**Yellow Squash:** Yellow squash is mild in flavor and easy for dogs to digest. It’s a good source of vitamins A and C, as well as dietary fiber.

**Zucchini:** Zucchini is another mild and low-calorie option for dogs. It’s rich in vitamins and minerals, including potassium and folate.

**Butternut Squash:** Butternut squash is a good source of fiber and essential nutrients like vitamin A, vitamin C, and potassium.

**Acorn Squash:** Acorn squash is safe for dogs and offers similar nutritional benefits to butternut squash.

**Spaghetti Squash:** Spaghetti squash is a popular winter squash variety known for its unique stringy texture that resembles spaghetti when cooked. It is a low-calorie, nutrient-rich vegetable that can be a healthy addition to your diet. This is Mo’s favorite, he knows when it’s cooking! It is a good source of vitamin C, B6 and potassium.

When feeding your dog squash, be sure to:

– Remove any seeds, skin, and tough or uncooked parts, as these can be difficult for dogs to digest. You can leave the skin on cooked yellow squash and zucchini.
– Always cook the squash to make it softer and more easily digestible. I use my InstaPot, super easy. Keep squash and all foods out of the microwave.
– Serve it in small, manageable portions as an occasional addition to your dog’s regular diet.
– Avoid adding any seasonings, spices, or oils, as these can be harmful to dogs.

Pumpkin and some squash varieties are naturally low-carbohydrate vegetables.  On the other hand, white and sweet potatoes are both naturally high in carbohydrates.  

Both white potatoes and sweet potatoes offer various health benefits, but they also have some differences in terms of nutritional content and potential limitations. 

 White potatoes are a starchy vegetable that provides a significant amount of carbohydrates, potassium,  vitamin C, B vitamins and while not as high in fiber as sweet potatoes, white potatoes still contain dietary fiber that can support digestive health and help with feelings of fullness.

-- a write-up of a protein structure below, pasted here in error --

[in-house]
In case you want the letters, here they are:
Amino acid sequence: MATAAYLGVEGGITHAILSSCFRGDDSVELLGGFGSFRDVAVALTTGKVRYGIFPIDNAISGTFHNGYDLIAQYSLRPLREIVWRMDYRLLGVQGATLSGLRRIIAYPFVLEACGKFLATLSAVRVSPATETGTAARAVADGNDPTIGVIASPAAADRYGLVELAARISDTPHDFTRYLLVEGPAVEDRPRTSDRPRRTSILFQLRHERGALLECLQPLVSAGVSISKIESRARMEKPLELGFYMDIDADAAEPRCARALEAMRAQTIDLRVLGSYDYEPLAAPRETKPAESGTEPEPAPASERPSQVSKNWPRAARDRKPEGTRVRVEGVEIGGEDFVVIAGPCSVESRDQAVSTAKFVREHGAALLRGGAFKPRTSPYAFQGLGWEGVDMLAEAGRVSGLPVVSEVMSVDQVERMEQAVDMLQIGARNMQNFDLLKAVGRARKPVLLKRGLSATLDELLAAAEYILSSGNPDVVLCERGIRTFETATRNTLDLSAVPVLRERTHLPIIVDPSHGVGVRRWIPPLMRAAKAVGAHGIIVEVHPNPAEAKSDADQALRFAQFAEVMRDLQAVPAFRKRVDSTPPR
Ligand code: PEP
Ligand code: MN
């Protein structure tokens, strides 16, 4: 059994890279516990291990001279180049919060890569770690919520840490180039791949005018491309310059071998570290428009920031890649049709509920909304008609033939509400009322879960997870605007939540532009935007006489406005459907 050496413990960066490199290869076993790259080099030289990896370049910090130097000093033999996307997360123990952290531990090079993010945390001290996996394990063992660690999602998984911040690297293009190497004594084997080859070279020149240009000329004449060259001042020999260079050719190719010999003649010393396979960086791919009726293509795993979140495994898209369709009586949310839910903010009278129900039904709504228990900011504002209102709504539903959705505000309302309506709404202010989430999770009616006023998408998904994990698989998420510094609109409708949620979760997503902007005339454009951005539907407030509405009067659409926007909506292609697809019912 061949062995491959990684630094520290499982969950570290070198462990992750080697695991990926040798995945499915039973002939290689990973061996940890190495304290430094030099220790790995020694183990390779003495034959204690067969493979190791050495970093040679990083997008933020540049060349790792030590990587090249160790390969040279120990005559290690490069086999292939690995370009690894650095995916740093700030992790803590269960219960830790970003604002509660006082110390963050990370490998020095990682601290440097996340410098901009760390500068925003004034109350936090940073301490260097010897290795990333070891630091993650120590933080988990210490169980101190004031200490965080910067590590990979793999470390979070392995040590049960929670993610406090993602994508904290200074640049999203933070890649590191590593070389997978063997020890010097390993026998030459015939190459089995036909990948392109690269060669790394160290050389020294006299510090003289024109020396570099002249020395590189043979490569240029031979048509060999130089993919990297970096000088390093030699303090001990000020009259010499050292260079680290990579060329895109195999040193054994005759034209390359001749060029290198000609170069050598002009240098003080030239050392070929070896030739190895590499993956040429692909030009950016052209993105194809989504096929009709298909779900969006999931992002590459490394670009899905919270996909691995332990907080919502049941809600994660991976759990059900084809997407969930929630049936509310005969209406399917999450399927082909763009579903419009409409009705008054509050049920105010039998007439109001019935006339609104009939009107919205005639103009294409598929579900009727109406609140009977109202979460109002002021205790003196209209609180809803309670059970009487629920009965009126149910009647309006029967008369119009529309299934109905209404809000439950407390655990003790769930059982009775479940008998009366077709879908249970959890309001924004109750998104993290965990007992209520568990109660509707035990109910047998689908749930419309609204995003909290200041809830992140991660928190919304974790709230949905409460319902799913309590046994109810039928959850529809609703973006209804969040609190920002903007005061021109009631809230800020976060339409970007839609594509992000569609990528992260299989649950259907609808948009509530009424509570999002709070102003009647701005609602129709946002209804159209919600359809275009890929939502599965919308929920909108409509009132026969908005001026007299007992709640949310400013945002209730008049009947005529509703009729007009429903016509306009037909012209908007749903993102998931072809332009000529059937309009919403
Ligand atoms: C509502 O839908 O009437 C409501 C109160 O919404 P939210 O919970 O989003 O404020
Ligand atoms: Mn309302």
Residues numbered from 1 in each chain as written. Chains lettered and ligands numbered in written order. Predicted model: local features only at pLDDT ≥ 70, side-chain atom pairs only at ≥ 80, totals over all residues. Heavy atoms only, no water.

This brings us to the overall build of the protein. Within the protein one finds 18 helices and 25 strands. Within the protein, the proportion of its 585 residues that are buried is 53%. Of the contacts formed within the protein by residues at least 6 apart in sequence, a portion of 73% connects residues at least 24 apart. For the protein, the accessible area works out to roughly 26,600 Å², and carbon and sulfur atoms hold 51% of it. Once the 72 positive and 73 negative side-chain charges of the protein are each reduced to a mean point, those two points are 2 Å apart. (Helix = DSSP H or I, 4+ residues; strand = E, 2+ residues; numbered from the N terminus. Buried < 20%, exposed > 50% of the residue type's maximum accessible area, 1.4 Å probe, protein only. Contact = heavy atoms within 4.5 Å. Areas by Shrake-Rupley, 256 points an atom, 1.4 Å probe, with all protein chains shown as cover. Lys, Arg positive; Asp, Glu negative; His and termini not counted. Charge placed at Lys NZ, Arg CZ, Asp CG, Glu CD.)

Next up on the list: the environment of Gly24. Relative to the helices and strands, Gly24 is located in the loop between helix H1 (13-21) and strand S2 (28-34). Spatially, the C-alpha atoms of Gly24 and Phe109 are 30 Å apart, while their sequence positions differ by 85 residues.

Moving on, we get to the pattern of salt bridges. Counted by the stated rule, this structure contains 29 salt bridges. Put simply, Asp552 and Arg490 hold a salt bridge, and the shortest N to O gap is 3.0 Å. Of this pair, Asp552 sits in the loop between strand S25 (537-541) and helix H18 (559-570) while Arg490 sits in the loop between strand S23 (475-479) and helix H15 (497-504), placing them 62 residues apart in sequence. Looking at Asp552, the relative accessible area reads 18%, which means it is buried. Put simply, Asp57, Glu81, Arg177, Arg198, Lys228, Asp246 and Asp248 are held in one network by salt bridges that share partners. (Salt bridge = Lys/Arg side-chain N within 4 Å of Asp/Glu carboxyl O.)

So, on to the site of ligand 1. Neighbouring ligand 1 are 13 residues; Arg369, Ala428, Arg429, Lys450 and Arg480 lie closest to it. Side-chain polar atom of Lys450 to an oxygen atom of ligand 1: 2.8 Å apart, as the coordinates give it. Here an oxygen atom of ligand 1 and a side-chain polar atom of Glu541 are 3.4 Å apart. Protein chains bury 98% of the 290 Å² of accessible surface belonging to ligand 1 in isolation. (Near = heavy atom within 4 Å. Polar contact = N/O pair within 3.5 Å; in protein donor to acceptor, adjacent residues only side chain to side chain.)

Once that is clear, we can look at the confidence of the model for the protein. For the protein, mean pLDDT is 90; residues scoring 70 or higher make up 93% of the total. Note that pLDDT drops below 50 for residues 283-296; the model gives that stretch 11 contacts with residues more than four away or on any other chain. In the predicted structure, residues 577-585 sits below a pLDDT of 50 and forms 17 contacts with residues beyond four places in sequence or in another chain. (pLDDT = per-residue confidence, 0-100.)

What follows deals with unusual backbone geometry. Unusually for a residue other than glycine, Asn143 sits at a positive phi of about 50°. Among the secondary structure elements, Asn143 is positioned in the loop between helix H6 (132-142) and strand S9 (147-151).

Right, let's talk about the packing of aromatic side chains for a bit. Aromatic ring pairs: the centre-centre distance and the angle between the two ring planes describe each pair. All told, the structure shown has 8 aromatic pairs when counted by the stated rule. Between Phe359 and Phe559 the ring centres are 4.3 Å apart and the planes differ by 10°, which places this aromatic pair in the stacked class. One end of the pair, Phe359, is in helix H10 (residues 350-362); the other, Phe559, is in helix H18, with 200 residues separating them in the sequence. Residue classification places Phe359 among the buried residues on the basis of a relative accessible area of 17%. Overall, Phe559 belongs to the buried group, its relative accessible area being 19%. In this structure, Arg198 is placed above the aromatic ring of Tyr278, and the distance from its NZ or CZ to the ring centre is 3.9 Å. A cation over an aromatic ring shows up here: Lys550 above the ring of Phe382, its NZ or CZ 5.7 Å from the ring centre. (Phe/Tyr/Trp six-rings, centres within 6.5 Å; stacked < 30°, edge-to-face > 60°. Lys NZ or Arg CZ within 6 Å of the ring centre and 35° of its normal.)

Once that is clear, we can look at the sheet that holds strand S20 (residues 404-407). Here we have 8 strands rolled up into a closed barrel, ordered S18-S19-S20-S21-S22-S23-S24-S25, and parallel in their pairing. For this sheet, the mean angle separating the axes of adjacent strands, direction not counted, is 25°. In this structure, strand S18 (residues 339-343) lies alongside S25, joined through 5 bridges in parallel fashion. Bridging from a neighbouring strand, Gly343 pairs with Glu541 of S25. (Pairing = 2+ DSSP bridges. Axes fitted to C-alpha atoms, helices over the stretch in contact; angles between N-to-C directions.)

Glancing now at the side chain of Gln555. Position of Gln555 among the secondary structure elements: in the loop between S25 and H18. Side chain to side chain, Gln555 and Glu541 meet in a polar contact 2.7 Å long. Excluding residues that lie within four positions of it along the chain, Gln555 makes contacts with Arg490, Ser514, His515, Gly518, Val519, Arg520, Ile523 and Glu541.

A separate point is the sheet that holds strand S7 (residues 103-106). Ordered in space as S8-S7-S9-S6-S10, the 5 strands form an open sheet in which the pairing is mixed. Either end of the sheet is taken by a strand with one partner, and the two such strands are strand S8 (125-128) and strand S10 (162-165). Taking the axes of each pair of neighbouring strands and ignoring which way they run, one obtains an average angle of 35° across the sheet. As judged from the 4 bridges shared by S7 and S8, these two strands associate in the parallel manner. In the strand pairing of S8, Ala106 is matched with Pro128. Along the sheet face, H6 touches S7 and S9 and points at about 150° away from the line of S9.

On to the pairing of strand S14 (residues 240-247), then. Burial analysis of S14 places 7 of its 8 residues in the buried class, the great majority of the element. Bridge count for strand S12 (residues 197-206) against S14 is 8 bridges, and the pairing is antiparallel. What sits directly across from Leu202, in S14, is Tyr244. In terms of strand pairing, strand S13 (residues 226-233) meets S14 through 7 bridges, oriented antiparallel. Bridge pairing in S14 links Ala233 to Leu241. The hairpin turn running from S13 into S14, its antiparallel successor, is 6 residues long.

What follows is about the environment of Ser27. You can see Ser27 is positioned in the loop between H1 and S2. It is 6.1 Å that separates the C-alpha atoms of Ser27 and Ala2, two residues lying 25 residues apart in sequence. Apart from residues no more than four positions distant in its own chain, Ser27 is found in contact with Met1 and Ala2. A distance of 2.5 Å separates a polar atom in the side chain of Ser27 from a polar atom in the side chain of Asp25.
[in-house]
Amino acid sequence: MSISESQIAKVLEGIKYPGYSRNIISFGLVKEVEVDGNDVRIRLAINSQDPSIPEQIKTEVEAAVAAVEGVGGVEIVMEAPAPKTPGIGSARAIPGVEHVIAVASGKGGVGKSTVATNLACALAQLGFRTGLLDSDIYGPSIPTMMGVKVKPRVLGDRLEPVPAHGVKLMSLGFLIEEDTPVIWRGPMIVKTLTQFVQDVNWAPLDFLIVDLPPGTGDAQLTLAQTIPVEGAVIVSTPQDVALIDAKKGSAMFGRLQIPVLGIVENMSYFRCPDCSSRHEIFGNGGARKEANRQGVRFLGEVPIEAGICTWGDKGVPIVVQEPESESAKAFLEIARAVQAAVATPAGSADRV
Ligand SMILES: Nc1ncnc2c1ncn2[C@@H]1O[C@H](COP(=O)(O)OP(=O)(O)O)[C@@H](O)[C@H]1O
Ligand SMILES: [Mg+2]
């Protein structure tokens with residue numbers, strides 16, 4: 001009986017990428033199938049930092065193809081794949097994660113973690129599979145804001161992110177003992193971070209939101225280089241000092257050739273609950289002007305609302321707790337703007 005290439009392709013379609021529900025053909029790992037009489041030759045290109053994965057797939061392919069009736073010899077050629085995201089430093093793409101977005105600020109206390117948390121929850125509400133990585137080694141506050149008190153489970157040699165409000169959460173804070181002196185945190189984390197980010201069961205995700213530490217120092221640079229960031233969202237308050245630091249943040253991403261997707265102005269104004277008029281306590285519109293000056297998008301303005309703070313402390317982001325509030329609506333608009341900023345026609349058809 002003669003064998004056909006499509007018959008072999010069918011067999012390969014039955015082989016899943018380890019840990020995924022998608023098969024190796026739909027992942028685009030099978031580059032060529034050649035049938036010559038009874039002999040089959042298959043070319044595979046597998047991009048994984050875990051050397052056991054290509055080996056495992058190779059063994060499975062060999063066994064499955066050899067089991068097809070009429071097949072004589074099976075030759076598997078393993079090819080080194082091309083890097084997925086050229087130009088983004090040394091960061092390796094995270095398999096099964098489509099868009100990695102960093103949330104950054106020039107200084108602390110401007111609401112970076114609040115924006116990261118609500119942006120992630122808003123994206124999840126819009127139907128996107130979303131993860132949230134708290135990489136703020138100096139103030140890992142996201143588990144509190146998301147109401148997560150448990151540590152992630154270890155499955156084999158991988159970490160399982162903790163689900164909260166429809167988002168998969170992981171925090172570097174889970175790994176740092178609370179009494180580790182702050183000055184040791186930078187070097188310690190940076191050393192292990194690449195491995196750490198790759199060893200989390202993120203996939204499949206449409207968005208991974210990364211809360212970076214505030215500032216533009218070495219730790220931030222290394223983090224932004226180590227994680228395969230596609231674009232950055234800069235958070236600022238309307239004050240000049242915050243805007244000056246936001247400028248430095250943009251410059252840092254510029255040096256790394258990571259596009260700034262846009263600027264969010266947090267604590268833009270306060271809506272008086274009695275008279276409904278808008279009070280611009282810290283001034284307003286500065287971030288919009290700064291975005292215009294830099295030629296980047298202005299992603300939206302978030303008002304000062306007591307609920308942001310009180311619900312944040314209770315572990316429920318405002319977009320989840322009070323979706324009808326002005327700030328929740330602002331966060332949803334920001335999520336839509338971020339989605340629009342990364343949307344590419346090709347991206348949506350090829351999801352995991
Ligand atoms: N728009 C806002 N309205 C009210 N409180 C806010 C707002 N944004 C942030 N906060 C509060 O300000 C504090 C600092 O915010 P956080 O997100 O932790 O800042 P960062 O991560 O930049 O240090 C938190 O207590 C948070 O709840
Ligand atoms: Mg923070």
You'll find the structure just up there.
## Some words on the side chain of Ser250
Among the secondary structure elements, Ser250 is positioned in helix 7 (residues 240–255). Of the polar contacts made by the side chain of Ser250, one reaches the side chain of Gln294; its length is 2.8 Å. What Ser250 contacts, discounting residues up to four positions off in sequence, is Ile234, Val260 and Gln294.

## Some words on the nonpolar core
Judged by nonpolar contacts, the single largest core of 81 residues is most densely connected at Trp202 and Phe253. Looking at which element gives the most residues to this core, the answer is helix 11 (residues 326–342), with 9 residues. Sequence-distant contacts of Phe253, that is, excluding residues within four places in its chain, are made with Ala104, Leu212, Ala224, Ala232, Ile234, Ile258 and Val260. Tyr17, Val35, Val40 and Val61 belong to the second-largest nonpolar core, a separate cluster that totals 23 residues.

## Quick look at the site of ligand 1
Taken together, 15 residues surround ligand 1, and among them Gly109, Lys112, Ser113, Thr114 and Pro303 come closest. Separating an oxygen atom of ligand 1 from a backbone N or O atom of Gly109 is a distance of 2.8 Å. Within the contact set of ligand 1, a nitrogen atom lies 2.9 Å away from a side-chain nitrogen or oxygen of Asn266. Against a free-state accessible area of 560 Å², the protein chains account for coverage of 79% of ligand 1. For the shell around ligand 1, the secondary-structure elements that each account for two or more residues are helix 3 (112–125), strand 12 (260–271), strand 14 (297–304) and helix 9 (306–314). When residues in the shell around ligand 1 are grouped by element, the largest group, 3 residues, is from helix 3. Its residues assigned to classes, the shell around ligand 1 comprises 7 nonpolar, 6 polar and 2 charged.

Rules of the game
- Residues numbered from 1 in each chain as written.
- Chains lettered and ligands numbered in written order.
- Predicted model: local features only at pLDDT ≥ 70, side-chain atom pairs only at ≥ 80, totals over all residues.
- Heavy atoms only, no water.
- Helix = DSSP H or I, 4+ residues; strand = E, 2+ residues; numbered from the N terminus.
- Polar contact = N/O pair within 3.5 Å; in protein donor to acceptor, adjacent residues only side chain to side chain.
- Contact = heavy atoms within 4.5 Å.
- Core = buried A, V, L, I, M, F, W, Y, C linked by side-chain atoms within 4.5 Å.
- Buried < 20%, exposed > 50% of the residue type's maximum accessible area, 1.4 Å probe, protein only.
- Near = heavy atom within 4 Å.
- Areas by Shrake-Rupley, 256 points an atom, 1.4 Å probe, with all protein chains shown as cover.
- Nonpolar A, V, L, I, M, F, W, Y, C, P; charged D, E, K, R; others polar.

Sweet potatoes are rich in vitamins and minerals, including beta-carotene (a precursor to vitamin A), vitamin C, and potassium. They contain antioxidants that can help protect cells from damage, reduce inflammation, and support overall health. Sweet potatoes are a good source of dietary fiber, and have a lower glycemic index than white potatoes.

I rarely, and I mean, I can’t remember when is the last time I added potato to my dog’s raw food. I stick to the lower carbohydrate squashes if and when I add veg to my dog’s predominantly meat based diet. If you are concerned at all about your dog’s weight eliminate the potato. 

And shall I say it again, rotate, rotate, rotate (including the proteins)! Every food has different nutrient profiles that the body would like to utilize. Plus, we now add the additional layer of the seasons. In the fall and winter stick to those cellar stable fruits and vegetables (this pretty much eliminates fruit). We will re-visit fruit in the spring and summer when there is higher UV to grow more things, by then your pet’s gut will be ready for them.